The AllClear Platform

AllClear by inFRONT helps guide high-hazard sites on their journey to 100% accountability.

AllClear Mustering

Get up-to-the-second data and empower emergency responders to act quickly.

AllClear Unit Accountability

Improve safety, time on tools, and regulatory compliance with Unit Accountability that really works.

AllClear For Turnarounds

Account for all personnel on your site during turnarounds, shutdowns, and construction projects.

AllClear Equipped

Feel confident your equipment is ready with our emergency response equipment readiness software.

AllClear Hot Zone

See all of your emergency responders in the hot zone in real time.

Emergency Response Roster

Maintain a live list of all personnel who are members of the Emergency Response Team (ERT) and their locations.

How building muscle memory will help you win during a petrochemical emergency.

How’s Your Plan?
The former prizefighter turned stand-up performer is generating quotable quips that are sprinkled throughout the Internet. One of his most popular quotes, believe it or not, can be directly applied to emergency response planning in petrochemicals:

“Everyone has a plan ‘til they get punched in the mouth.”

Similar to a boxer, we need plant personnel to train via drills in order to build the “muscle memory” that will help them make the right choice when the site gets an unexpected punch in the proverbial mouth. Frequent and consistent drills that drive a continuous improvement strategy will build and strengthen muscle memory in the mustering process. This will ultimately improve the site’s readiness for the opponent who, unlike in a boxing match, always shows up unannounced. Unfortunately, emergency response leaders traditionally run drills infrequently because they tend to disrupt plant operations.

And therein lies the rub. Practice is most effective if it is frequent and consistent so it follows that the more laborious site mustering drills that take place once a quarter or less, have little value in training site personnel. Moreover, the turnover of contract labor in those intervals makes it even less effective, as a worker could be onsite for months without ever practicing a mustering event. Bottom line, muscle memory isn’t built. There are less disruptive tests that happen more often, like testing notification systems and fire apparatus, so emergency drills need to become similarly less disruptive (as in faster and less complex) to achieve the same frequency.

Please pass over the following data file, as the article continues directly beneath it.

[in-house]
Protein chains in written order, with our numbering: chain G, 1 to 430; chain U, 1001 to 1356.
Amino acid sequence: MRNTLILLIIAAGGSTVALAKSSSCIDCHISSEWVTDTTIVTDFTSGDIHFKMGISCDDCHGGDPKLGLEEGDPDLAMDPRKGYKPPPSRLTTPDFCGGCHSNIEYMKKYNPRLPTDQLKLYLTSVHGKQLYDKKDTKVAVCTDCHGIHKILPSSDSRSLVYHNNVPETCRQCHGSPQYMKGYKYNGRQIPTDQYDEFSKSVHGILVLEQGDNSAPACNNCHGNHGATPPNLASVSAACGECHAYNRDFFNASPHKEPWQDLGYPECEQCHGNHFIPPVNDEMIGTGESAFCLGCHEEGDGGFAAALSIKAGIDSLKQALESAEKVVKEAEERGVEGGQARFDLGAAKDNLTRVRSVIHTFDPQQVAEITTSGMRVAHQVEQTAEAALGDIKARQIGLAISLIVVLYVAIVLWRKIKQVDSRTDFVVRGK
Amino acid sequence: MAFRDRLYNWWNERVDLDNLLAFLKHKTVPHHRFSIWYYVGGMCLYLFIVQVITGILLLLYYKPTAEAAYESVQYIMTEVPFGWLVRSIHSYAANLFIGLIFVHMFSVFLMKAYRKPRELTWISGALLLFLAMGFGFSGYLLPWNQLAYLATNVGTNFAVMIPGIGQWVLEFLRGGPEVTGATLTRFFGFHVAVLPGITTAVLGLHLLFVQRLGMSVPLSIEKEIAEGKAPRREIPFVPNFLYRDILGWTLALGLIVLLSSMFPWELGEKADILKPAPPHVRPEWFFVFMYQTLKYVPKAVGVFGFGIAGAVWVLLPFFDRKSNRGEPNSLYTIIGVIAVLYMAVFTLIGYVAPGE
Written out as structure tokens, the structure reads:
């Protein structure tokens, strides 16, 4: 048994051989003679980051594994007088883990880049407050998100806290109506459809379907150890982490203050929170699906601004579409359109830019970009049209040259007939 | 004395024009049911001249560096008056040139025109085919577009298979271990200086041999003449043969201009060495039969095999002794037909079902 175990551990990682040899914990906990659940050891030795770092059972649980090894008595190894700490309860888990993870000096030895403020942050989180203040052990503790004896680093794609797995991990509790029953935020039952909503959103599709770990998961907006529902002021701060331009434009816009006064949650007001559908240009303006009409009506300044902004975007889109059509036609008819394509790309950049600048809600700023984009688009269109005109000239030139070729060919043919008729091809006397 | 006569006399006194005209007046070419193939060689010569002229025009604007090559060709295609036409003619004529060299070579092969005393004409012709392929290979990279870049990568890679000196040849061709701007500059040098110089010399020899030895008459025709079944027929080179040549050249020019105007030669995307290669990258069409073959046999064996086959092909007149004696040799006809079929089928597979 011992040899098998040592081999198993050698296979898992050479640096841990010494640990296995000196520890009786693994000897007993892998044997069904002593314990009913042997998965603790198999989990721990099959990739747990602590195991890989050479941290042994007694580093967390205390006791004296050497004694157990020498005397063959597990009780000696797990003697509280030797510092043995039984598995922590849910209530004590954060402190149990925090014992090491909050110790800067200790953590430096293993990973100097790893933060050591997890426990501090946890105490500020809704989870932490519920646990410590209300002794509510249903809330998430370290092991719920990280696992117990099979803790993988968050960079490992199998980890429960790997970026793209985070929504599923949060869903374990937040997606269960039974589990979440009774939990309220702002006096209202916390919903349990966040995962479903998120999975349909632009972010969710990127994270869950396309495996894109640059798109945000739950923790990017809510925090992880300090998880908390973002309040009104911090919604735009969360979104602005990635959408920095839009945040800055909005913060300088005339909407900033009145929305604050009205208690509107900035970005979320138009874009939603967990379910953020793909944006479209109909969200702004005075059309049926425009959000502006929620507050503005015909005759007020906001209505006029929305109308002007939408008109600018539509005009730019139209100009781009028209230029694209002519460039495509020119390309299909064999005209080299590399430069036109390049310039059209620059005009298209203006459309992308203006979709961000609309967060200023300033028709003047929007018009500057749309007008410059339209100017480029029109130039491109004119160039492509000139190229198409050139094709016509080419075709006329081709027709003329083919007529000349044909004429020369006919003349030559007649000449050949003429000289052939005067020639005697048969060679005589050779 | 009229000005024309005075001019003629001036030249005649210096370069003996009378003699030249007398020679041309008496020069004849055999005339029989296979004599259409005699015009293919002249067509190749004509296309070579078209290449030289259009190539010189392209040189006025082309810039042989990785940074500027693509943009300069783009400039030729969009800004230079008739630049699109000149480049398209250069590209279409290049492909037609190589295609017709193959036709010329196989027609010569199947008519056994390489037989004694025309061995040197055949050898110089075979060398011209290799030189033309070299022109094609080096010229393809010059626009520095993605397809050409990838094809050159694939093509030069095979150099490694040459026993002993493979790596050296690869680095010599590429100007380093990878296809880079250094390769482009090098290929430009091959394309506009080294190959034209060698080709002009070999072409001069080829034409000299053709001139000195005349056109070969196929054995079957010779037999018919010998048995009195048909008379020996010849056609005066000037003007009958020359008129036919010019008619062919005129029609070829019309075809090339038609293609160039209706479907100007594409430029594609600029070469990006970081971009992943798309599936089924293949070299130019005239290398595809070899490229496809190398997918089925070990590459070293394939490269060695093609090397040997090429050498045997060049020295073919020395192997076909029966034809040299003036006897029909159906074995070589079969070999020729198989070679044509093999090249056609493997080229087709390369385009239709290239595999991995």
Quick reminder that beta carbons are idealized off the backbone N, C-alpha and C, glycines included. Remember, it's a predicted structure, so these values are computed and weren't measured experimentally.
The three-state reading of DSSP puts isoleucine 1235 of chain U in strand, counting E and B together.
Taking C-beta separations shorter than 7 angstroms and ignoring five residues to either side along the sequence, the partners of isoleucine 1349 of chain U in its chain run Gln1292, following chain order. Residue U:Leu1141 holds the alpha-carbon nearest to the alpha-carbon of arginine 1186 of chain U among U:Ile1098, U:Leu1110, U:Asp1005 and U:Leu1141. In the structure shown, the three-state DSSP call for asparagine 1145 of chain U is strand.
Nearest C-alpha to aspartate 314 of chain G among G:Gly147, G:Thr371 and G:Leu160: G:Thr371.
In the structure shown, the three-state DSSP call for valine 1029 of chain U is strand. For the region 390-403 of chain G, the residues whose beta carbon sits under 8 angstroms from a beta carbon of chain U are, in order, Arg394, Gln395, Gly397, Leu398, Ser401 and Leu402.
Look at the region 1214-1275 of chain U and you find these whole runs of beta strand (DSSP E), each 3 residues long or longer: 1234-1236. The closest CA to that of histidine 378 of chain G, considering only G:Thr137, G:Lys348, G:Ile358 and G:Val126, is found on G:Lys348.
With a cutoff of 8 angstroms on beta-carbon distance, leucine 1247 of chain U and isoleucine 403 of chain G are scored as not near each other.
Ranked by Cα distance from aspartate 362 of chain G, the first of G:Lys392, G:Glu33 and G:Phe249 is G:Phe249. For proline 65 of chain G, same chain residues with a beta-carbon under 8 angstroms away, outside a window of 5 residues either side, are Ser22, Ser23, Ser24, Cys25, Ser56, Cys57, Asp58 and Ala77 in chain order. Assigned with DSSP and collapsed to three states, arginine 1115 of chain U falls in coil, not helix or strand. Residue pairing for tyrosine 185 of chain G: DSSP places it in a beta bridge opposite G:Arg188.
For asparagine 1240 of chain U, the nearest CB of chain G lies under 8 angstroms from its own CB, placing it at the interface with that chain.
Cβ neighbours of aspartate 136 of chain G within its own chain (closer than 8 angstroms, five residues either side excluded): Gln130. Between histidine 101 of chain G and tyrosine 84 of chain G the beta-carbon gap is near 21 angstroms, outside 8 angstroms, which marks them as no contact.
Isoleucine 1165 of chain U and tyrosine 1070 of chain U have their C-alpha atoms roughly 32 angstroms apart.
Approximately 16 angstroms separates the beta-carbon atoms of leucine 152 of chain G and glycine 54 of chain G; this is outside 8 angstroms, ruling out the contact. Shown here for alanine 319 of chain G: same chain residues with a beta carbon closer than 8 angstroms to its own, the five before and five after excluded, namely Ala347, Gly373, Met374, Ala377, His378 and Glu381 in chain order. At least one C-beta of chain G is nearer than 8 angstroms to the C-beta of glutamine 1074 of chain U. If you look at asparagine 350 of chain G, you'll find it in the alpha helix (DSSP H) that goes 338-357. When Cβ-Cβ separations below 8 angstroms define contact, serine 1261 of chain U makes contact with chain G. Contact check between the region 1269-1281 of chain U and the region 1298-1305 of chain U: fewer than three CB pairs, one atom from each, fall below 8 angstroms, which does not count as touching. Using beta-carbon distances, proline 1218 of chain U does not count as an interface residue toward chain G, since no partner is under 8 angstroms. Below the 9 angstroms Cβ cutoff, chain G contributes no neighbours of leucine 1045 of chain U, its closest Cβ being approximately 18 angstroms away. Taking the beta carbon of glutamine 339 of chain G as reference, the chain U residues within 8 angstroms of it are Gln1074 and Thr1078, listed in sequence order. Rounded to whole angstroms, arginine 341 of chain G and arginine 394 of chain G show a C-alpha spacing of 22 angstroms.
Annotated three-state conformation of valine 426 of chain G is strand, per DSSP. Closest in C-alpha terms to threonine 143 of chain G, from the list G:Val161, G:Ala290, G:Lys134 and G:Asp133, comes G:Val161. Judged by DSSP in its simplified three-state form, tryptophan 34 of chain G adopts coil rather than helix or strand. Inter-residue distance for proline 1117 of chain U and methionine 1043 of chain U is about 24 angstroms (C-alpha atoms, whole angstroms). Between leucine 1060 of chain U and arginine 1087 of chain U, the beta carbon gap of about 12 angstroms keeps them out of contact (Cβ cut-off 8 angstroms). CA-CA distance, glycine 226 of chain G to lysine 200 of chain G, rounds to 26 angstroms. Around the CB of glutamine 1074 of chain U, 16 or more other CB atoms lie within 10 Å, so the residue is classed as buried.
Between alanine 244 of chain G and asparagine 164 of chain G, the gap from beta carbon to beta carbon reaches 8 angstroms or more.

“Good Enough”
I’ve written in the past that the process of mustering of staff onsite in an emergency has traditionally been deemed “good enough” because the job got done; people were counted in an orderly drill and the drill could be declared a success. Still today, in the vast majority of cases, the drills are performed manually and annually with paper, pens and radios, using a game of “telephone.” It’s historically been “good enough” to check the box that states, “We have a mustering process that we test periodically.” But are the drills good enough to also check the box that says “We are becoming more prepared because of the drills?”  Probably not.

Commit To Muscle Memory
I contend that sites need to commit to building muscle memory in these important, yet often neglected areas. It takes management support to authorize more frequent (no less than once a month) drills. To do this cost effectively requires investment in technology to help the emergency response organization complete the drills faster while gathering important, real time data that they can use to continually improve the process.
I’ve seen sites that drill once per week and it is succeeding. Using a good electronic mustering system and a well thought out process, sites are mustering between 1000 and 2500 people in 10 minutes, which permits them to drill weekly. Every time the drill takes place, the staff’s awareness of the process and the location of assembly points improves, making them more agile and ready for the real thing. Like a prize fighter, the plant is training to be prepared for the opponent.

It can and should be done because, like Iron Mike said,

“It’s no fun to find yourself crawling around the mat, looking for your mouth guard.”

What is ESG and why should EHS and Emergency Response professionals care?